Change is in the air. Perhaps that’s over-stating it a touch; but a little bit of change is definitely in the air. Here at Tripp Associates, it hasn’t escaped our notice that a pleasing invigoration has worked its way into a certain section of the media and information jobs market.

As the economic picture improves beyond the capital, the number of briefs we’ve received for media jobs from firms located across the UK has steadily risen.

London is a major international centre for media and information businesses and will obviously remain the source for the majority of our briefs, but in recent months we have placed digital, art, and sales directors, web editors and heads of news across the Black Country, the East Midlands and at various spots down to the South Coast.

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Make your content marketing programme sing with these ten webinar tips

For business publishers webinars can be a dream. They offer a satisfying mixture of editorial heft and readership engagement – and let’s not forget the sponsorship revenue they bring in.

But let’s put aside those benefit for a second and focus on the sponsors. What’s in it for them?

If a brand can find the right publishing partner, one that allows it to position itself as a trusted and authoritative voice to an audience of prospective customers, the potential to enhance its Thought Leadership credentials can be great.

Let’s face it, Thought Leadership is an awful term, but if you can show expertise and position yourself ahead of the competition without resorting to squirm-inducing cliché, then you’re on to something. There’s also the (not so) small matter of considerable lead generation from a new and previously untapped database of interested individuals.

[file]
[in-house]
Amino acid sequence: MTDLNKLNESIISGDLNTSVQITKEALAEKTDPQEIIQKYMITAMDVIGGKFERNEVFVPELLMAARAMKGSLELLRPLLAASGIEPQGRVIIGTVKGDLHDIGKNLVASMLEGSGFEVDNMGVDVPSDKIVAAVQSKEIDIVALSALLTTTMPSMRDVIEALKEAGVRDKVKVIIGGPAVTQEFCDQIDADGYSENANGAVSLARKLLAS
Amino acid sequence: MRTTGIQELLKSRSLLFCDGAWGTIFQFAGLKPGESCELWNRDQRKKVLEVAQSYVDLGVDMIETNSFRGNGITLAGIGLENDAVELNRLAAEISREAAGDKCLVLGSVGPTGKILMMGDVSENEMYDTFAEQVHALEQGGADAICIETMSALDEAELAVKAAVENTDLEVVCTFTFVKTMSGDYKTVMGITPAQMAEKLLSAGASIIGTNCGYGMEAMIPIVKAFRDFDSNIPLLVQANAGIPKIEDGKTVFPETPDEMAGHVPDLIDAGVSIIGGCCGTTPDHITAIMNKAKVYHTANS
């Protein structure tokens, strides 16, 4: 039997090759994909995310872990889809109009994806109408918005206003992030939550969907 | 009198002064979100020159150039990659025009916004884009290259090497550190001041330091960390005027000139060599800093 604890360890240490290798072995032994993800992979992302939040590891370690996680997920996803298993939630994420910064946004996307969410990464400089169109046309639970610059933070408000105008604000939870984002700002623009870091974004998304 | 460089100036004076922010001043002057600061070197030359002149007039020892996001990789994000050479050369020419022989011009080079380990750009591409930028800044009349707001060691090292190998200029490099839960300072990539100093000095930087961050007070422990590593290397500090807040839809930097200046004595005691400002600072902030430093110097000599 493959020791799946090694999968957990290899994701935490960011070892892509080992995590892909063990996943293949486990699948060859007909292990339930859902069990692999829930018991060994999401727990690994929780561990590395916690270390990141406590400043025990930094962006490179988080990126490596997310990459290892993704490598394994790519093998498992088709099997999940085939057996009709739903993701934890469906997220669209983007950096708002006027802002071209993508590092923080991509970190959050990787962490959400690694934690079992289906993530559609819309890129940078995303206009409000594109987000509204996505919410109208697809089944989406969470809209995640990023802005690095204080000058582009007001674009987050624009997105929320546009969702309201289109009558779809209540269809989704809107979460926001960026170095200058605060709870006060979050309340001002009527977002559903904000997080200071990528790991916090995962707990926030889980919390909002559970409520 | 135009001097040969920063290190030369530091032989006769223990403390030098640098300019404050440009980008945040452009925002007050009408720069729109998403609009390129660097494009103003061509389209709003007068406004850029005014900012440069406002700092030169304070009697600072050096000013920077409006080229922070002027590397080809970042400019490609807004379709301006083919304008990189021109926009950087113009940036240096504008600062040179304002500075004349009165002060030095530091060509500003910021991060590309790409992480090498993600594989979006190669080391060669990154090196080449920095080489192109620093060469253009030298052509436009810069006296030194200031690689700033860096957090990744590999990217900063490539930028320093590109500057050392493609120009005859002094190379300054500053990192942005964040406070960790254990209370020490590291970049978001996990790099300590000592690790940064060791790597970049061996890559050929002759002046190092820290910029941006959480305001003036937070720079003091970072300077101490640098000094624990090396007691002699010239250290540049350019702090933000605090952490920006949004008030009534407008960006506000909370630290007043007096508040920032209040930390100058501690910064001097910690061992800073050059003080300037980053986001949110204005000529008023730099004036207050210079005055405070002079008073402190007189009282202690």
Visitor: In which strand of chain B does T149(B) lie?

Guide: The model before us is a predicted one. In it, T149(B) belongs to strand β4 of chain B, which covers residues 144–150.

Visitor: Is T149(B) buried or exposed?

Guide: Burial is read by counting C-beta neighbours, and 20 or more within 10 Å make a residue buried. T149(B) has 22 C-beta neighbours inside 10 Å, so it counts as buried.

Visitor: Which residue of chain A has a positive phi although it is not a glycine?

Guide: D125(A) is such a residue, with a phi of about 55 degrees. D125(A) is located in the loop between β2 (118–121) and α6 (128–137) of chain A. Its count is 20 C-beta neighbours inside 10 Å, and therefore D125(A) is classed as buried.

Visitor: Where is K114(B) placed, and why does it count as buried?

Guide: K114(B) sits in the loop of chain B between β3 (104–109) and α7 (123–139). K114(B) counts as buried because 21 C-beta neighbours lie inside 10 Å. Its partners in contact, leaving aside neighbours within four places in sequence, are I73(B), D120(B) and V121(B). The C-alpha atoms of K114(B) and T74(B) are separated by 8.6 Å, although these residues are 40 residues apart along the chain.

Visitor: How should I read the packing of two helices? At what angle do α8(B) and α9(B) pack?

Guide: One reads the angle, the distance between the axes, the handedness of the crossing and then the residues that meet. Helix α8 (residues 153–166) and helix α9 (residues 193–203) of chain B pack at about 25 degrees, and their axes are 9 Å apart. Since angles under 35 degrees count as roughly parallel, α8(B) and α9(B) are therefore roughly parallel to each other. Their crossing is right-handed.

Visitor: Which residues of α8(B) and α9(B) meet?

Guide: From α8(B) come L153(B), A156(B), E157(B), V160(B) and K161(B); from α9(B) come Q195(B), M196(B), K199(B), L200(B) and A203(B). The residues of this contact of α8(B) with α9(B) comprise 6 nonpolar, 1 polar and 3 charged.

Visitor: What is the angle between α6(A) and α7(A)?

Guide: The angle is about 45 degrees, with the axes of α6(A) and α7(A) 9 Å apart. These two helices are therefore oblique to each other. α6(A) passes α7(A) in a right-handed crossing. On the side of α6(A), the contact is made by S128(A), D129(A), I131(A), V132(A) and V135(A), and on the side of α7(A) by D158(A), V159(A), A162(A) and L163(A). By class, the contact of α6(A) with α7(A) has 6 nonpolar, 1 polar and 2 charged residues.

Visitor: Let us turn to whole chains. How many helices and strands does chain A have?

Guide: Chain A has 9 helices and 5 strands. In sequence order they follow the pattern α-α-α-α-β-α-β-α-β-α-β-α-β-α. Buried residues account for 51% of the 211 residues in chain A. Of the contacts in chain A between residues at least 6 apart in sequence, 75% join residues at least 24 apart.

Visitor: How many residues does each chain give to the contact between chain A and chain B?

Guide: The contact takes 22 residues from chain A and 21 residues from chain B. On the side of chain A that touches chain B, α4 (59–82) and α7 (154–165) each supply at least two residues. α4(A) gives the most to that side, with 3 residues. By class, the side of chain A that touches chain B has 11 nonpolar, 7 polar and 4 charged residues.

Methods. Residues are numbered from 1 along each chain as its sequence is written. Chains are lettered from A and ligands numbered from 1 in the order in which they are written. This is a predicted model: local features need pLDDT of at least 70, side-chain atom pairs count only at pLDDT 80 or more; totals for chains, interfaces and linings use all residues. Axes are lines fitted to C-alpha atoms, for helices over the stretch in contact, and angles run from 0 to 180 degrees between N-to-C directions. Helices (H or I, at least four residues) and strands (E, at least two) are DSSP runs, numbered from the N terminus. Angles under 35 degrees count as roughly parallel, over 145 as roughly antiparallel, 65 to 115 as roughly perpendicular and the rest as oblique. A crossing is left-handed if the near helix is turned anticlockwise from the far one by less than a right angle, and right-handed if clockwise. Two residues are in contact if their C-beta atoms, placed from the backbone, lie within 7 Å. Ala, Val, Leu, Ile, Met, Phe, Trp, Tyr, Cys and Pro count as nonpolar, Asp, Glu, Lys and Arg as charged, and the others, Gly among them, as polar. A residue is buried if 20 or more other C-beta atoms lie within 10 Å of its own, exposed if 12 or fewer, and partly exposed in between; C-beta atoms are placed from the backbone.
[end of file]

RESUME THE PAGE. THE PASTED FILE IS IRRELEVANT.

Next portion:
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Looking for a job with newspaper group? Make sure you understand data…

If you’ve been following my recent posts, you’ll know I’ve been spending the last few months talking to senior management figures across the newspaper industry – national and regional. The aim of these conversations has been to found out how they see their industry changing, how their specific business is changing, and to understand the recruitment challenges they face.

In all three areas, one word comes up time and time again – data.

“The challenge for me”, said the Head of Digital at one big newspaper publisher, “has been to convince senior management that it’s no longer just about the number of uniques [web and mobile site readers] you can get. That’s in many ways a vanity number.”

If web traffic alone isn’t enough, he went on to say – digital commercial people working at newspapers need to understand much more about their readers in order to sell appropriate ads.

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Martin Tripp Associates: what sectors and job titles do we recruit for?

Last month, I had a surprising conversation with a regular media client. He’s used Martin Tripp Associates extensively over the years, but only to help headhunt content roles. I was amazed that he was unaware we also recruit in other areas – heads of digital, marketers, general management, commercial roles, strategy directors, and so on…

So, being a statistics geek, I thought I would share the following infographics with you. They help visualise what it is we do here. Based on last year’s activity, the first chart shows a breakdown of our assignments for media clients according to the disciplines we recruited.